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Keeping vital goods flowing into the UK

PwC worked with the Department for Transport to keep vital goods from mainland Europe flowing into UK ports.

Setting the scene

The effects of the COVID-19 lockdown went beyond the UK’s borders and out into the waters around it.

With far fewer passengers than ferry companies had budgeted for, the need to sail as many vessels was reduced. That, however, would have meant a cut in the amount of cargo capacity which could have impacted the ability to import critical goods such as medicines, veterinary products and food .

We were approached by the Department for Transport to be part of the effort to ensure that critical goods from the continent reached UK shores without disruption.

How we helped

Many of the UK’s essential goods are imported via key maritime supply lines, particularly the short straits such as Calais-Dover.

Normally ferry operators run a ‘mixed service’, a blend of passengers and freight, but without the expected passenger traffic, some services became uneconomic and were cut.  There was a risk that further cuts to services would undermine the required capacity needed to import critical goods into the UK.

Our team, drawn from across the business, assessed various operators’ requests for financial assistance, evaluating them against existing government support packages, such as the Coronavirus Business Interruption Loan Scheme.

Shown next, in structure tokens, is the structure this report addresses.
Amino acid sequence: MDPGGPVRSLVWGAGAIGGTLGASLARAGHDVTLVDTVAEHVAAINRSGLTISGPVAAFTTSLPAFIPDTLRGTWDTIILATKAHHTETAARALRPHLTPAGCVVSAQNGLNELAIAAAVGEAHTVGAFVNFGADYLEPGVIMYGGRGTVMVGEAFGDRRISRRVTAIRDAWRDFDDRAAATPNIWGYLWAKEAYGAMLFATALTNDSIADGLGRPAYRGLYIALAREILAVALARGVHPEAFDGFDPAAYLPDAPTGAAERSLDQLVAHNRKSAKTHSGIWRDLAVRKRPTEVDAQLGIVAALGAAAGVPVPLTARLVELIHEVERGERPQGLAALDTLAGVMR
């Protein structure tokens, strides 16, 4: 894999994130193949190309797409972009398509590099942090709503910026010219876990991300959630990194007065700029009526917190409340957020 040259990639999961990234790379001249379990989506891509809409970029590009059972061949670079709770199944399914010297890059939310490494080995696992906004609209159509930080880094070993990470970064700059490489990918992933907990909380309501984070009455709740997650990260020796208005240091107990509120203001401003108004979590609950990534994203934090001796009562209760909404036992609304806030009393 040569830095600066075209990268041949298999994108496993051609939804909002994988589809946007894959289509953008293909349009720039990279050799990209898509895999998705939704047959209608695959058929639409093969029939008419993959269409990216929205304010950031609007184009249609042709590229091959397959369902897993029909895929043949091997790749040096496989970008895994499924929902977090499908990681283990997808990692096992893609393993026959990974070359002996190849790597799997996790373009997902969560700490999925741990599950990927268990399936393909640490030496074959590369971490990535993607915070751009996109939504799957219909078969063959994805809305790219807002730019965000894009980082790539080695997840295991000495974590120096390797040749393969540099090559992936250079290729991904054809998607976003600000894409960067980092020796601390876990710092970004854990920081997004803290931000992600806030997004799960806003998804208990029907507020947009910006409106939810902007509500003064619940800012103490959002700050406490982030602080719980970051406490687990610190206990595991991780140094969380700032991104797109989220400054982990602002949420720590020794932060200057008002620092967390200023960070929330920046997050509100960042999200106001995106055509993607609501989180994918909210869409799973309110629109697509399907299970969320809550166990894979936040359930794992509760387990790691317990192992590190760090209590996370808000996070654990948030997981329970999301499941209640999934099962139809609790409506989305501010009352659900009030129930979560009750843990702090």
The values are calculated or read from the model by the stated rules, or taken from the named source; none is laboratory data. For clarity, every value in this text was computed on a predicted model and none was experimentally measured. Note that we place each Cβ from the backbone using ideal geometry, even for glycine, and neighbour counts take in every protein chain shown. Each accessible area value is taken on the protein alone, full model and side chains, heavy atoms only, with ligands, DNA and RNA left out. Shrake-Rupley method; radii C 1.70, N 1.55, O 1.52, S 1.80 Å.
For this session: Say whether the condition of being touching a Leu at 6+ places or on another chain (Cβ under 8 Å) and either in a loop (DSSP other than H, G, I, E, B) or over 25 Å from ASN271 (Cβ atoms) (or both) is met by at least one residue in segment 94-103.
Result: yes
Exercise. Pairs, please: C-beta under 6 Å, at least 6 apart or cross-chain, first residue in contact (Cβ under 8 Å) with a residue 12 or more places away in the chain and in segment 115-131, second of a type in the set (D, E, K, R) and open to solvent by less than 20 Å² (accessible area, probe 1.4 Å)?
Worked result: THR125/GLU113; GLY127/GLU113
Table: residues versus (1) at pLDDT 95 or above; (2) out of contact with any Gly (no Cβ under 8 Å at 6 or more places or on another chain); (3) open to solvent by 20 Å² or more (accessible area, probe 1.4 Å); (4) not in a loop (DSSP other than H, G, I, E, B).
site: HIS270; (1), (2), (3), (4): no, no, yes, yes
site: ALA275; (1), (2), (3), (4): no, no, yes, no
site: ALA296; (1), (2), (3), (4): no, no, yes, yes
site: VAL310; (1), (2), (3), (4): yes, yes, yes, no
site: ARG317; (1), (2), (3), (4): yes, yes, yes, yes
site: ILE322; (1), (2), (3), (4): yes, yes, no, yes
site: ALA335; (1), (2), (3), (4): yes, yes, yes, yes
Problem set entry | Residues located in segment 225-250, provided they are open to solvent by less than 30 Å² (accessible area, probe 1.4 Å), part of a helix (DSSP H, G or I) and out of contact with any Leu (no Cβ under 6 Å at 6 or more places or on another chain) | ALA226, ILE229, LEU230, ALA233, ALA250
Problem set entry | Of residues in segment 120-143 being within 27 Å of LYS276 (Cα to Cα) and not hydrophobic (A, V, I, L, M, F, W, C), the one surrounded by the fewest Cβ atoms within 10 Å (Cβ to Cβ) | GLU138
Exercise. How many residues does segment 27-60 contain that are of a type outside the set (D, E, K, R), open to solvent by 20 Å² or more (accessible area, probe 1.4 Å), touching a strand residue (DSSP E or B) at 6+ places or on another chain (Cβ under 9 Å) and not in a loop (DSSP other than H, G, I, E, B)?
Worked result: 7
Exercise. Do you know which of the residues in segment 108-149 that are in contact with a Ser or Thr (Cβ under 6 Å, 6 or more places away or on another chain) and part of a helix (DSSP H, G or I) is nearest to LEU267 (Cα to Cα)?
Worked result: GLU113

We helped the DfT develop and implement an industry-wide mechanism designed to give ferry operators and freight operators an incentive to continue operating key routes. This had to be done while keeping costs to the taxpayer down and minimising disruption to the market.

We developed the principles of the support mechanism, worked with an external law firm to create the financial and commercial aspects of how this would work in practice, and built a financial model that informed decision making. Approvals for all this were needed from the Treasury, which we played a part in securing.

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“This project was implemented much quicker than the projects I normally work on and was much shorter term. There were also few precedents so we couldn't look back on what was done before or elsewhere and had to start everything from scratch.

“I found it very challenging but also very interesting. We had to learn very quickly and work with lots of different people at the client, as well as technical advisors and operators. I was impressed by our ability to work well together as a team, even though we came from different areas within PwC and some of us hadn't met before the lockdown.

“We couldn’t have achieved the impact we did without the quality of people we have at PwC and I was very proud to be part of the team.”

Ruth Foster, Senior manager in PwC’s Corporate Finance Infrastructure and Government team

Making a difference

Going in, the risk was that everyday essentials as well as vital medicines, medical supplies and chemicals and food, for instance, would not be available if ferries did not run.

We helped to mitigate that risk and avoid a cliff-edge scenario.

Based on our work, the government put in place a multimillion-pound subsidy package for essential ferry services between Britain and Northern Ireland and between Britain and mainland Europe.

This made sure that the essential goods we all needed during lockdown were available.

The project was all done via remote working using 12 staff and partners normally based in three separate locations. The team consisted of Infrastructure and Government, Mergers & Acquisitions, Business Restructuring Services, and Strategy& model review specialists.

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Corporate Affairs, PwC United Kingdom

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